Hamad tried to appear defiant but a scared and nervous look in his eyes gave him away. “I am not lie. You chop zeitim [olive] tree.”

Eliezer turned to the girl. “Tell me, those trees I chopped down. Did I chop them all the way down or only part of the way down?”

She glanced at the picture and a look of uncertainty passed over her face for a moment before anger once again took over. “Don’t try to get out of this. You chopped down his trees.”

“Let me see the picture,” the young man standing behind her said. She reluctantly handed him the camera. “What is the difference; half chopped down or chopped down all the way?” he asked.

Eliezer sighed. “Anyone who has an olive orchard has to trim them back every couple of years. It is pretty aggressive trimming and if you aren’t used to it, it looks like it is killing the trees. But that is how you take care of them. If you really want to kill them, you have to do a lot more than just cut off the branches.”

The boy inspected the photo. “Okay,” he finally admitted. “I am not going to take your word on this. I am going to speak to some people at the JP office. But you are taking over his land here.”

“Did Hamad show you any proof that this was his field?” Eliezer asked calmly. 

“He said it has always belonged to his family,” the girl said. “For countless generations. There was no such thing as a land deed five hundred years ago.”

“Thus said Hashem, the God of Yisrael: Write down in a scroll all the words that I have spoken to you,” Jim began to recite. “For days are coming—declares Hashem—when I will restore the fortunes of My people Yisrael and Yehuda, said Hashem; and I will bring them back to the land that I gave their fathers, and they shall possess it.”

“What is that?” she said angrily. “Are you some kind of religious fanatic? Is he your cult leader?”

“That was Jeremiah,” Jim said. “Chapter thirty, verses two and three. The Prophet Jeremiah was telling the people of Israel that they were about to go out in exile so they best write up deeds for their land. That way, when they came back, there wouldn’t be any fights over who owned which piece of land. If you knew anything about anything, you would know that as soon as the cavemen learned to write, they were scratching land deeds into pieces of clay.”

“But this is still his field,” the young man said. “You don’t have a deed either.”

“Yes,” Eliezer said. “I have it at home. But we don’t need that.” He turned to Hamad and said something in Arabic.

“What did you say?” the girl asked.

“You see that metal box over there?” Eliezer said. “That’s the water main and the controls for the irrigation system. I told Hamad to go over and unlock it. If this is his field, then he would have the key.”

All eyes turned to Hamad who was steadfastly looking at the ground. 

“So you just put a lock on his water,” the girl said, her voice cracking. “That doesn’t prove anything.”

“I planted these trees, the first ones five years ago and the rest of them after that,” Eliezer said. “If this field belonged to Hamad’s family for so many generations, then where are their trees?”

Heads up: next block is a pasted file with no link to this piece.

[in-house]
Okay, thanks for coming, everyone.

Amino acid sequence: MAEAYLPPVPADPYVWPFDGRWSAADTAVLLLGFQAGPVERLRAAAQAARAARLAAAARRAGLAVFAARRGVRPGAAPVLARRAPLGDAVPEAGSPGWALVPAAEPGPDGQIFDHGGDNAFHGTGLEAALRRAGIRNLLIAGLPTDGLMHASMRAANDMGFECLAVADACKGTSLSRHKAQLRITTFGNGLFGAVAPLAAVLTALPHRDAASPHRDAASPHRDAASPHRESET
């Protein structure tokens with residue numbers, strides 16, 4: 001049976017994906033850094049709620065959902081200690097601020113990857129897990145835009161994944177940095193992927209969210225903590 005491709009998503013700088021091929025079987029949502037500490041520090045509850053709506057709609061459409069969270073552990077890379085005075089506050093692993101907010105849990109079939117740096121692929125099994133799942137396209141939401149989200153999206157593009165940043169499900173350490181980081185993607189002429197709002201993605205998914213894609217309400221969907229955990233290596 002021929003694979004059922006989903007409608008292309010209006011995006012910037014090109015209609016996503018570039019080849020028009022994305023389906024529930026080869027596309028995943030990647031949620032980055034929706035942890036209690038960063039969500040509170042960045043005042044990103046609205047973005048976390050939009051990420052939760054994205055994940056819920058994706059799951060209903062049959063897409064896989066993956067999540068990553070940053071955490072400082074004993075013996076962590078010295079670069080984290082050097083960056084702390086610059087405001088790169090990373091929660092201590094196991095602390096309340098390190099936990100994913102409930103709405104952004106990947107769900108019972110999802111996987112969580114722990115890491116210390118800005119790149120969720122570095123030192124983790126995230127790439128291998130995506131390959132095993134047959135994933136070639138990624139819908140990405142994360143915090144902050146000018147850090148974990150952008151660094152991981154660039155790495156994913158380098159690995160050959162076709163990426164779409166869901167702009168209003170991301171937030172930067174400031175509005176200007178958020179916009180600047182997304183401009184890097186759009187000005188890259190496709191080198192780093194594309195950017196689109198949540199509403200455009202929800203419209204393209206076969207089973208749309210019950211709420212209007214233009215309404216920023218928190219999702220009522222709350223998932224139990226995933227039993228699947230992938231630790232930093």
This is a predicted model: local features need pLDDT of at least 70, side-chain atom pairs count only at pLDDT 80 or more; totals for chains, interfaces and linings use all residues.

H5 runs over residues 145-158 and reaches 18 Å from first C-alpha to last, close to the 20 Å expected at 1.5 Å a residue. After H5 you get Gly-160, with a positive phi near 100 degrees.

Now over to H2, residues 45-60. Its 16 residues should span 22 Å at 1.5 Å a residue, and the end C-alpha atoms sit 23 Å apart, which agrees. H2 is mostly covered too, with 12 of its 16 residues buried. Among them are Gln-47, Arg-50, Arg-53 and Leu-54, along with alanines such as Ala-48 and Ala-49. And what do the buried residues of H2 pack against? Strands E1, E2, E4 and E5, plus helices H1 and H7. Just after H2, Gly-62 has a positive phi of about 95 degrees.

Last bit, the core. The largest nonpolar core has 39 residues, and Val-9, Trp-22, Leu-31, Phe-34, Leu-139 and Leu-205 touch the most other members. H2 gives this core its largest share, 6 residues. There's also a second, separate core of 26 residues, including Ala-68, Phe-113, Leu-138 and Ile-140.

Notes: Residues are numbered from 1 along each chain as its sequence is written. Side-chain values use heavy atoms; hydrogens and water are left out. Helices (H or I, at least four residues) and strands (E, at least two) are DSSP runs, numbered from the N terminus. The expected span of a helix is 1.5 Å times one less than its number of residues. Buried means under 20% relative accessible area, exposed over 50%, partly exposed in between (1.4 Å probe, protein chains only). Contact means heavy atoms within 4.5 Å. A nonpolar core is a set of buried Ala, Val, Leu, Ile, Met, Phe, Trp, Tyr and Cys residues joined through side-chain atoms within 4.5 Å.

“Lies and more lies,” she spat out.

“Where are you from?” Eliezer asked quietly. 

“I am from Sweden,” she said. “I came here to fight the occupation.”

“You don’t seem to be helping Hamad all that much,” Jim said. “My guess is that you came here because you hate the Jews. It irks you that God brought them back to the land just like he promised.”

“I don’t hate Jews,” she insisted. “I hate the occupation.”

“The only occupation you hated enough to get up and leave Sweden is this one, probably because it makes you feel good about hating Jews,” Jim said. “And it isn’t an occupation. This land belongs to the Jews. The UN said so in 1947 and the Bible said so way before that.” He turned to Hamad. “Just ask Hamad what it says in the Koran about this land belonging to the Jews.”

Hamad looked up at the mention of his name. “Me go home,” he said.

“I’ll drive you home,” the girl said, turning around. “Let’s go,” she called over her shoulder.

“I think I’ll stay for a bit,” the young man said. “There are a few things I want to check out.”

She spun around. “Don’t you dare talk to these occupiers,’ she hissed.

He looked at the ground so Eliezer spoke up. “We can drive him back after we finish here. I need to go into town to pick up some supplies. I promise not to try to convert him.”

She glared at him until he looked up. Finally, she turned and got into the jeep, driving away as aggressively as she had arrived, Hamad hunched over in the back behind the empty passenger seat.

Eliezer turned to the young man. “I have a few more things I need to do and then we can leave. We need to go back to my home first and then we can go to Kiryat Arba in my car.”

He walked away, disappearing between the trees. 

“My name’s Jim,” he said, holding out his hand. “I hail from Tennessee.”